January. “We are seeing a consistent increase in activity due to the interest rates dropping,” said Jim Fite, CEO of Dallas-based Century 21 Judge Fite Co.

Declines in mortgage rates, which peaked near 8% this summer, have sparked sales, per Dallas housing analyst Ted Wilson with Residential Strategies.

“The decline of the 30-year mortgage rate to near 6.6% has been welcomed news for prospective homebuyers,” Wilson said. “The housing industry remains watchful of future rate cuts by the Federal Reserve, and hopeful that this leads to a further decline in the 30-year mortgage rate toward 6%.

Continued Wilson, “Such a move would improve housing affordability and stimulate additional increases in housing activity.”

The biggest annual increase in January sales was in Kaufman County, where the number of homes sold rose 26.2% from January 2023. In Collin County, sales were up 20.5% year-overyear.

Haus Capital Corporation And Calque Join Forces To Provide The Trade-In Mortgage.

New York-based Haus Capital Corporation recently announced a strategic partnership with Calque to provide The Trade-In Mortgage. This collaboration combines the expertise and resources of both companies to create a seamless and convenient option for homeowners looking to upgrade to a new home.

The Trade-In Mortgage allows homeowners to use their current home’s equity as a down payment for their next home, enabling buyers to make competitive non-contingent offers, akin to cash, in today’s competitive real estate market. Buyers can purchase and move into their new home before selling their current one, streamlining the entire moving process for buyers and their families.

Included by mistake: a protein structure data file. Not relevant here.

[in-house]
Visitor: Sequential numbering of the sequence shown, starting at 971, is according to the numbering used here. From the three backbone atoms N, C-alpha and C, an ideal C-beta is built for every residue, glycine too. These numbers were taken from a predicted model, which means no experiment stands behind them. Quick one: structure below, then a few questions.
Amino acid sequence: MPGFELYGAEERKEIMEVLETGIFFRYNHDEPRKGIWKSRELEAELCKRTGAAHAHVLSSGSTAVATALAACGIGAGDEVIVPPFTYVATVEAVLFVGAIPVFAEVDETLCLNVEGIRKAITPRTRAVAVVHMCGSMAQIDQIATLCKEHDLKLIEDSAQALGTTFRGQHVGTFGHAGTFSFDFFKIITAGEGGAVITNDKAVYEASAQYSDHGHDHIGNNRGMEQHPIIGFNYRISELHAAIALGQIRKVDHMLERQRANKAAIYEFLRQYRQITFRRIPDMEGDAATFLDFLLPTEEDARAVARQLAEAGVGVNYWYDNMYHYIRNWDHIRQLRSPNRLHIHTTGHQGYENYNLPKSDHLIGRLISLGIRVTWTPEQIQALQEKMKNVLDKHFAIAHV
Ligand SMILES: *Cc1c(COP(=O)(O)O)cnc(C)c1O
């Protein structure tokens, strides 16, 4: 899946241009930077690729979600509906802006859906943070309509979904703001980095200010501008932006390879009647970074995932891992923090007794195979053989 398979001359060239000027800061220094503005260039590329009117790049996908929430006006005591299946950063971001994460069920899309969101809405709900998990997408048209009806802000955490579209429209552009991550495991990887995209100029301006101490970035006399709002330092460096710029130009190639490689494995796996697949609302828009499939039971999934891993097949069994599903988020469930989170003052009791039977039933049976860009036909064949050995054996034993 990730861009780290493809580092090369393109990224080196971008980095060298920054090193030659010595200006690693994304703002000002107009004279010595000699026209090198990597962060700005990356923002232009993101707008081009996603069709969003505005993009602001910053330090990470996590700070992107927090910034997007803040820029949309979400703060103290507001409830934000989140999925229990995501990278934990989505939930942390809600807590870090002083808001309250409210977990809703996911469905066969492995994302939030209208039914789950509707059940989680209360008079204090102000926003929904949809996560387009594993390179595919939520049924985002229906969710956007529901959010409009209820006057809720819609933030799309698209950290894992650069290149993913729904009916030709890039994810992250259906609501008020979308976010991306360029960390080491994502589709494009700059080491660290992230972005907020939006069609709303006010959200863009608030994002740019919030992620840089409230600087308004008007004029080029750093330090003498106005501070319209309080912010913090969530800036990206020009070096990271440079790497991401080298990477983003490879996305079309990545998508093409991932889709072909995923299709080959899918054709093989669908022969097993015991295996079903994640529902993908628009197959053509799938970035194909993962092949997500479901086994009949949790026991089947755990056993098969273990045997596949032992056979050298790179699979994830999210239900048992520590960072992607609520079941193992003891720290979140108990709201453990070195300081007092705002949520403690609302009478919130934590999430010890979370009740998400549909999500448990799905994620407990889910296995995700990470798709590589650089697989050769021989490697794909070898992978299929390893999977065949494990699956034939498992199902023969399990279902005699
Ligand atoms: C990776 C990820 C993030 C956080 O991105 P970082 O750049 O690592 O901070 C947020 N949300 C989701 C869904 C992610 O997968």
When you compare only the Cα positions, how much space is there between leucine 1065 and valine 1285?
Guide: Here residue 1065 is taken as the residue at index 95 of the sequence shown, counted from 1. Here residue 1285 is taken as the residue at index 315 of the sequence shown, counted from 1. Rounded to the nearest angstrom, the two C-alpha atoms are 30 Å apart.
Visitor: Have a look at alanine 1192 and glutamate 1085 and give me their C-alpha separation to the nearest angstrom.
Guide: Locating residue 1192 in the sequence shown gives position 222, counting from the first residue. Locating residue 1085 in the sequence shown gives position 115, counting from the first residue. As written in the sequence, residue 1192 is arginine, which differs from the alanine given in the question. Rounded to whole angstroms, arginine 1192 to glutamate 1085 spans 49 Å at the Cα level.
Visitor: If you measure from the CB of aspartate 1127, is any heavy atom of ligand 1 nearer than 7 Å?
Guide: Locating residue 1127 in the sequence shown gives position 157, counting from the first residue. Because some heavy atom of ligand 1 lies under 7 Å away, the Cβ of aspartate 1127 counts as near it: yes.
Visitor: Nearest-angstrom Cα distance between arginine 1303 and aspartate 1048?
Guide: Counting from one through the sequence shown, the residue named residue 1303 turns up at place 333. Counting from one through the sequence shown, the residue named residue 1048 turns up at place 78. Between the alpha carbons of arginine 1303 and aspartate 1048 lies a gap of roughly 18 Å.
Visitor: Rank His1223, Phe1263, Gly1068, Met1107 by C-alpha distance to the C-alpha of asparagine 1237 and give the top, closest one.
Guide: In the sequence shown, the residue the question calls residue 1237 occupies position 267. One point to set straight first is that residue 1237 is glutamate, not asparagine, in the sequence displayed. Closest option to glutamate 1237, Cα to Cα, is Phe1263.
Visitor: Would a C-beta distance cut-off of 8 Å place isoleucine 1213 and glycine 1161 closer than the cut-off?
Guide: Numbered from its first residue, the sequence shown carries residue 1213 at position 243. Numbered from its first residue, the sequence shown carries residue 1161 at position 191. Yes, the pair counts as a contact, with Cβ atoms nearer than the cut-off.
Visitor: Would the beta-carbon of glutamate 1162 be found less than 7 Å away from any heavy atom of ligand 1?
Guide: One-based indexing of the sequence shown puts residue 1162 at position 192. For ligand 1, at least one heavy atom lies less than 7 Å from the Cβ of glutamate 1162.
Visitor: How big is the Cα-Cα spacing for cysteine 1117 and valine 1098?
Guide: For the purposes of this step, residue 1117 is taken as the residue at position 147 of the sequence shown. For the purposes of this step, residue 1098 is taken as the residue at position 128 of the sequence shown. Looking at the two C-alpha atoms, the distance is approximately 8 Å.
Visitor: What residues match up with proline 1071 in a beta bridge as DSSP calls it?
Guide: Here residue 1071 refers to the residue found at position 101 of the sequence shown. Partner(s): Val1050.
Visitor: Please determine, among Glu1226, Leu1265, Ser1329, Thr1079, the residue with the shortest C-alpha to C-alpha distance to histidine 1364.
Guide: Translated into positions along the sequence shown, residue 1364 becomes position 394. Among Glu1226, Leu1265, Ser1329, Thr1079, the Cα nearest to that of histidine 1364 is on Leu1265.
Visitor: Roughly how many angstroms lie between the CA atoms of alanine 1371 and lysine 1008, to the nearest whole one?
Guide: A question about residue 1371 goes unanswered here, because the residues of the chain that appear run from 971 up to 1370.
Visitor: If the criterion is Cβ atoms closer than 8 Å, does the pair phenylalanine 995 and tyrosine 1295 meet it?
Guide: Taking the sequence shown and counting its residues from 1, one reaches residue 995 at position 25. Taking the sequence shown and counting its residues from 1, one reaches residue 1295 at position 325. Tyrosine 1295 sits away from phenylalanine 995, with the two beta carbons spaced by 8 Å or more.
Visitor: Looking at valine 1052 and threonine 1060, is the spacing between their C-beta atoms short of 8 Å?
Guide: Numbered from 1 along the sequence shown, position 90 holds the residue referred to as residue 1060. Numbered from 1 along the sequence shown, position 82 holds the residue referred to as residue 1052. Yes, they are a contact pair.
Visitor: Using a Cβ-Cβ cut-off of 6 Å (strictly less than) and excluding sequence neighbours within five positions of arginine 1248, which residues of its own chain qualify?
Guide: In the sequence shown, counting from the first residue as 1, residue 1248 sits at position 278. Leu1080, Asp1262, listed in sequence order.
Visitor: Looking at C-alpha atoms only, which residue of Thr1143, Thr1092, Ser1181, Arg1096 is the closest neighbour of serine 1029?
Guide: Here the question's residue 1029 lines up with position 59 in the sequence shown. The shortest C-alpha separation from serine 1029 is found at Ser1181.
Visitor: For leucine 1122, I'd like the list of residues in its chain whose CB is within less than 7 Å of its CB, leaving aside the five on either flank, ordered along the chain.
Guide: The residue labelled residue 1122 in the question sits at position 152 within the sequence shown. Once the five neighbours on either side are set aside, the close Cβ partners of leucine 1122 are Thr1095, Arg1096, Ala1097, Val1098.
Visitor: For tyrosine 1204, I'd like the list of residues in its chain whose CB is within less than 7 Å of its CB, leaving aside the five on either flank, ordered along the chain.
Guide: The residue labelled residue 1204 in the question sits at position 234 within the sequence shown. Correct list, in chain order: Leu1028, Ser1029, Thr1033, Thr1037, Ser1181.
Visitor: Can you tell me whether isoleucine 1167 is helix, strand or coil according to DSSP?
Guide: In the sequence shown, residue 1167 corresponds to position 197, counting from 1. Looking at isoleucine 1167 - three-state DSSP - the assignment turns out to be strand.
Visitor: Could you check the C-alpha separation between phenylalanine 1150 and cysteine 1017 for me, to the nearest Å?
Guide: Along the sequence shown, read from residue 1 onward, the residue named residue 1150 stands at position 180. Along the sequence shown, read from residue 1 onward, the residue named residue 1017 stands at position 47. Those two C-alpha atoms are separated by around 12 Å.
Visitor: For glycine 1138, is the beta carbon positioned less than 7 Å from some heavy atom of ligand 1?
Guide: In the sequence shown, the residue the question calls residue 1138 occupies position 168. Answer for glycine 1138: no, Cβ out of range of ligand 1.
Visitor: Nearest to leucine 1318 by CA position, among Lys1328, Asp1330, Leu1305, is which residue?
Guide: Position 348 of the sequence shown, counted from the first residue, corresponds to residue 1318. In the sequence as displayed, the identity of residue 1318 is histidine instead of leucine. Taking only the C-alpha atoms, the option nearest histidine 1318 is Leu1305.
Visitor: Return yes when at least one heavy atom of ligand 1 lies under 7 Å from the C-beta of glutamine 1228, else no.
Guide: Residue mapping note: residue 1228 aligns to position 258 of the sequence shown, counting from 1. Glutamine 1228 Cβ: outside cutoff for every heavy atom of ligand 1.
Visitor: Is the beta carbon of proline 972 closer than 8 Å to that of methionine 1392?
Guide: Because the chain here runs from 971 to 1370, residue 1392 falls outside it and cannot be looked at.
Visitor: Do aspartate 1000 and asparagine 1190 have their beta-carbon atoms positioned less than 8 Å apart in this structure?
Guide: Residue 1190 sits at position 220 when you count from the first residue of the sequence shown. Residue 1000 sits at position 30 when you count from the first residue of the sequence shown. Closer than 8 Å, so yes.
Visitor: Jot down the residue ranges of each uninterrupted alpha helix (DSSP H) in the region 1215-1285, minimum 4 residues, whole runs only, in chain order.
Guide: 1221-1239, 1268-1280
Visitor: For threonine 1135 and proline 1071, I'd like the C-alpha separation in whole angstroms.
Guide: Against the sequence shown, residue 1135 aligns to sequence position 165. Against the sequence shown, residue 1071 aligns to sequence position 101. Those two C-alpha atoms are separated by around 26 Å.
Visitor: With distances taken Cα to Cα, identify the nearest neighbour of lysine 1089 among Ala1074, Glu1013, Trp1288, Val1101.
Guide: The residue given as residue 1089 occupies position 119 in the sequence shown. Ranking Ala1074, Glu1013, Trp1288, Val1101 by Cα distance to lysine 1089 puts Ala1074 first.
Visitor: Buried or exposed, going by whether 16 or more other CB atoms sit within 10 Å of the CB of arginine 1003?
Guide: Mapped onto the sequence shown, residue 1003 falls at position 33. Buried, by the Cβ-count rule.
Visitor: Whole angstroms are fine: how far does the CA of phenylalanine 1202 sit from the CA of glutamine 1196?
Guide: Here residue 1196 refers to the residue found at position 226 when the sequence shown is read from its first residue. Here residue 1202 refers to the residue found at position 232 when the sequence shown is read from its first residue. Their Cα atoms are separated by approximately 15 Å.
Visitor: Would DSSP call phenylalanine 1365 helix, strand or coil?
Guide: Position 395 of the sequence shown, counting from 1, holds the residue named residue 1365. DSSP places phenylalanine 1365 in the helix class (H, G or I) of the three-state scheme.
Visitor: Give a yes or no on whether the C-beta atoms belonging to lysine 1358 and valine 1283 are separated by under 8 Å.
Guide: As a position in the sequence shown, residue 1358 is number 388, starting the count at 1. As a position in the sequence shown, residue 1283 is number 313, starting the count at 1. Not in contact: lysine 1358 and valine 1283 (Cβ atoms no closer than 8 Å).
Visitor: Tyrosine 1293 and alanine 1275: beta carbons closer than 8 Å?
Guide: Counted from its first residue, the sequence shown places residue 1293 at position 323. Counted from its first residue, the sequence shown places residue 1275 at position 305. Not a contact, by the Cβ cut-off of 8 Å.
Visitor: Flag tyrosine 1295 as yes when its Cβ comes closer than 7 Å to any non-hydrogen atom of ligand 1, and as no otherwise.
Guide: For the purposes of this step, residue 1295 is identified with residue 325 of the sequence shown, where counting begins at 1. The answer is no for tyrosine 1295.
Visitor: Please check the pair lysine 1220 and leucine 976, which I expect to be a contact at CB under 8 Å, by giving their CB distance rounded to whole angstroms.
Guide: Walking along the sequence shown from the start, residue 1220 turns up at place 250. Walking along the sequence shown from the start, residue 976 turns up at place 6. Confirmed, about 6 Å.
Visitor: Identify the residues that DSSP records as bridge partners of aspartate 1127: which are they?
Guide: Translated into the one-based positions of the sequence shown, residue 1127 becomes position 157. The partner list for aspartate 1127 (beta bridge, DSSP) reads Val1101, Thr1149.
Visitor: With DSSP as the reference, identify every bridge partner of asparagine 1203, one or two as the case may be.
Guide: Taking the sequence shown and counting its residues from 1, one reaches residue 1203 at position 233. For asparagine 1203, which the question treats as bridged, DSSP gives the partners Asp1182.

“Haus identified Calque as an

innovative solution for homebuyers in a challenging housing market complicated by high-interest rates and limited inventory,” said Samuel DiPiano, president and founder of Haus Capital Corporation. “While homeowners are experiencing record high levels of home equity, they can utilize tools like the Trade-In Mortgage to acquire their next property.

Homeowners can easily purchase and relocate to their new home before selling their current one.”

operating officer at Calque. “Haus is dedicated to prioritizing their customers, and the Trade-In Mortgage offers a superior home buying experience for homeowners who want to tap the equity in their current property to help purchase their next one.”

Asians and Latinos Lead Homeownership Gains in Texas

In Texas, the average maximum price that Black renters can afford for a home is $166,930, compared to nearly $222,000 for white renters

and $179,000 for Latino renters, per the National Association of REALTORS

The collaboration between Haus Capital Corporation and Austinbased Calque benefits homeowners and boosts the real estate market by stimulating more buying and selling activity.

“Calque found an ideal partner with Haus,” said Dan Mugge, chief

According to a report by the National Association of Realtors (NAR), Asian and Latino communities in Texas are experiencing significant increases in homeownership, while Black homeownership continues to lag. The February 20 report highlights that Asians and Latinos in Texas have reached ownership rates of 66% and 59% respectively, reflecting a growing trend among U.S. minorities. In contrast, the rate of Black homeownership in Texas stands at 41%, while white homeownership is at 69%, slightly below the national average of 72%.

Nationally, the Asian community has shown the most substantial increase in home ownership, with a rate of 63.3% in 2021, according to NAR. This trend occurs amidst rising interest rates and record-high home ownership costs, driven by relatively stable home prices but increased borrowing expenses.